Crown Royal Cask No. 16
Review: Crown Royal Cask No. 16 Canadian Whisky (93.5/100)
a review by Chip Dykstra (Aka Arctic Wolf)
Posted February 17, 2010
(Introduction revised and rescored December, 2014)
Crown Royal® Canadian Whisky was originally introduced in 1939 (by Samuel Bronfman of Seagrams) as a special whisky bottling to commemorate the Royal tour of Canada by King George VI and Queen Elizabeth in that year. Until 1964, the whisky was only available in Canada; however, today it is available world-wide and is in fact the number one Canadian whisky brand sold in the USA. Crown Royal is currently produced in Gimli Manitoba, at the Crown Royal Distillery which (since the dissolution of the Seagrams portfolio in 2000) is owned by the spirits conglomerate Diageo.
Cask No. 16 is according to the company website,
“handcrafted from more than 50 different aged Canadian whiskies and then finished in Cognac Oak casks from the Limousin forest in France”
Although rumours persist as to the demise of this outstanding blend, I note that as of the end of 2014, it remains listed on the Crown Royal website as part of the Crown Royal Family, and is readily available in my home Province of Alberta.
In The Bottle 4.5/5
The Cask No. 16 whisky comes housed in an oval black cardboard sleeve as pictured to the left. The Crown shaped bottle is protected by a black bag with golden coloured drawstrings. As with all of the Crown Royal presentations, this one is very nice. The only niggle I have is with the black cardboard sleeve. It is sealed with two black seals near the bottom of the container. Once opened, the container cannot be resealed and it becomes extremely awkward to carry. If you are not careful the container will pop apart while you carry it dropping the precious contents to the floor.
In the Glass 9.5/10
A brilliant amber copper coloured liquid sits in the bottom of my rocks glass. The nose is a rich mixture of spice, caramel, and butterscotch. Fruity accents and brown sugars rise if the glass is left to sit for a brief moment. I cannot stress enough how rich and luxurious the nose is.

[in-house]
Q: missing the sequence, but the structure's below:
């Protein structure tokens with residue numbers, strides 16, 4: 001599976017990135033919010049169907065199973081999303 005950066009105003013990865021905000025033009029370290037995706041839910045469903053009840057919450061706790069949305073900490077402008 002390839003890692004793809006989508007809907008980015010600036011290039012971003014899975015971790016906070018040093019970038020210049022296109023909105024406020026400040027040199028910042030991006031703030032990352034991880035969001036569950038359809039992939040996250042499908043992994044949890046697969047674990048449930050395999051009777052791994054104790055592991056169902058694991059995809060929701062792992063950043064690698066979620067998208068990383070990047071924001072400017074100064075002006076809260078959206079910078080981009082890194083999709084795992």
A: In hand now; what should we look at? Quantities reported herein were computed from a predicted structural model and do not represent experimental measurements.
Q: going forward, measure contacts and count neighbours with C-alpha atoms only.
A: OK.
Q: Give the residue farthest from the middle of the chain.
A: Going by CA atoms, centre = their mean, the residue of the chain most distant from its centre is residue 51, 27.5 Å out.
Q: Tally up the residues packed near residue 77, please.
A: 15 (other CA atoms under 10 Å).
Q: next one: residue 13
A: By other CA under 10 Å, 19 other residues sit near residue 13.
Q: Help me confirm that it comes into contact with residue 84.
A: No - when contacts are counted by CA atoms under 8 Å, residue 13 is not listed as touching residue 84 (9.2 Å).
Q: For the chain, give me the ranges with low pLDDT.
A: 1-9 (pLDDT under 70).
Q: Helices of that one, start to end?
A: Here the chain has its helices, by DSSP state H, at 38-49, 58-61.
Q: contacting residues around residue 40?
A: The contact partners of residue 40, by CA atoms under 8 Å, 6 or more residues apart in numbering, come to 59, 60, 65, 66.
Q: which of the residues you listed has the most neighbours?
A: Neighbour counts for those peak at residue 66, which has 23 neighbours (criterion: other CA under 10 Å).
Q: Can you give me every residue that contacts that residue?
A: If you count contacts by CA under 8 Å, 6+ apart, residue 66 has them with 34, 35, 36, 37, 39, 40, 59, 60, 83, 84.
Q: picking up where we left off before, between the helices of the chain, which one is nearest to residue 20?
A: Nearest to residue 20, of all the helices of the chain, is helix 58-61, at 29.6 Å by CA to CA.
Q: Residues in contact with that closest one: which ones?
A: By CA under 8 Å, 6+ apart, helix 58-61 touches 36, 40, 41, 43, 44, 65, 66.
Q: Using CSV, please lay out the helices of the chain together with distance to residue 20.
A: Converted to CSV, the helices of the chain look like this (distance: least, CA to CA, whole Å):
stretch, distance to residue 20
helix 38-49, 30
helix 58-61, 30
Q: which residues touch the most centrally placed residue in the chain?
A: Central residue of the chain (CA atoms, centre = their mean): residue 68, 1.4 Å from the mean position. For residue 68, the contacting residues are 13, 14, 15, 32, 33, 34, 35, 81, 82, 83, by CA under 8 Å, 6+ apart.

When I swirled the glass I thought at first that all I was getting was a filmy sheen on my glass, but later when I looked I saw big fat legs trailing ever so slowly down.
In the Mouth 56/60
The first sensation in my mouth was of an incredible softness that this whisky presents. It is almost chewy soft. A mellow corn whisky is up front on the palate, but rich soft butterscotch, caramel and sweet brown sugar sit under the corn flavour supporting and enhancing the experience. A nice spicy bite which has the hallmarks of pears and grapes grabs at the taste buds. Carrying all of this flavour forward is a wonderful mild oak presence that never dominates. The oak acts as it should, as a garnish which heightens the other flavours with its presence.
Overall this is a huge step up from the Crown Royal Reserve. This is softer, sweeter, with a much richer heritage of balance and complexity. I think what appeals to me the most is that softness in the mouth, combined with that mellow corn flavour. This is a beautiful sipping whisky, and although we have strong bourbon undertones, the whisky is unmistakable Canadian in heritage and design.
In the Throat 14/15
In a lot of ways this is more of a bourbon style of finish than a Canadian style. The exit is long and silky. The spicy fruity bite is pleasantly toned down; but in spite of its subdued nature, the mildly spicy burn lasts and lasts. The sweetness of the brown sugars and butterscotch remain as after flavours on the palate. I doubt this could ever get old with me.
The Afterburn 9.5/10
For those who prefer a more subdued corn profile and a milder rye like burn, this is probably the perfect Canadian whisky. It is wonderfully luxurious and rich, yet full of character and complexity. Sip it neat, or on the rocks, and you will not be disappointed.
You may read some of my other Whisky Reviews (click the link) if you wish to have some comparative reviews.
As always you may interpret the scores I provide as follows.
0-25 A spirit with a rating this low would actually kill you.
26-49 Depending upon your fortitude you might actually survive this.
50 -59 You are safe to drink this…but you shouldn’t.
60-69 Substandard swill which you may offer to people you do not want to see again.
70-74 Now we have a fair mixing rum or whisky. Accept this but make sure it is mixed into a cocktail.
75-79 You may begin to serve this to friends, again probably still cocktail territory.
80-84 We begin to enjoy this spirit neat or on the rocks. (I will still primarily mix cocktails)
85-89 Excellent for sipping or for mixing!
90-94 Definitely a primary sipping spirit, in fact you may want to hoard this for yourself.
95-97.5 The Cream of the Crop
98+ I haven’t met this bottle yet…but I want to.
Very loosely we may put my scores into terms that you may be more familiar with on a Gold, Silver, and Bronze medal scale as follows:
70 – 79.5 Bronze Medal (Recommended only as a mixer)
80 – 89.5 Silver Medal (Recommended for sipping and or a high quality mixer)
90 – 95 Gold Medal (Highly recommended for sipping and for sublime cocktails.)
95.5+ Platinum Award (Highest Recommendation)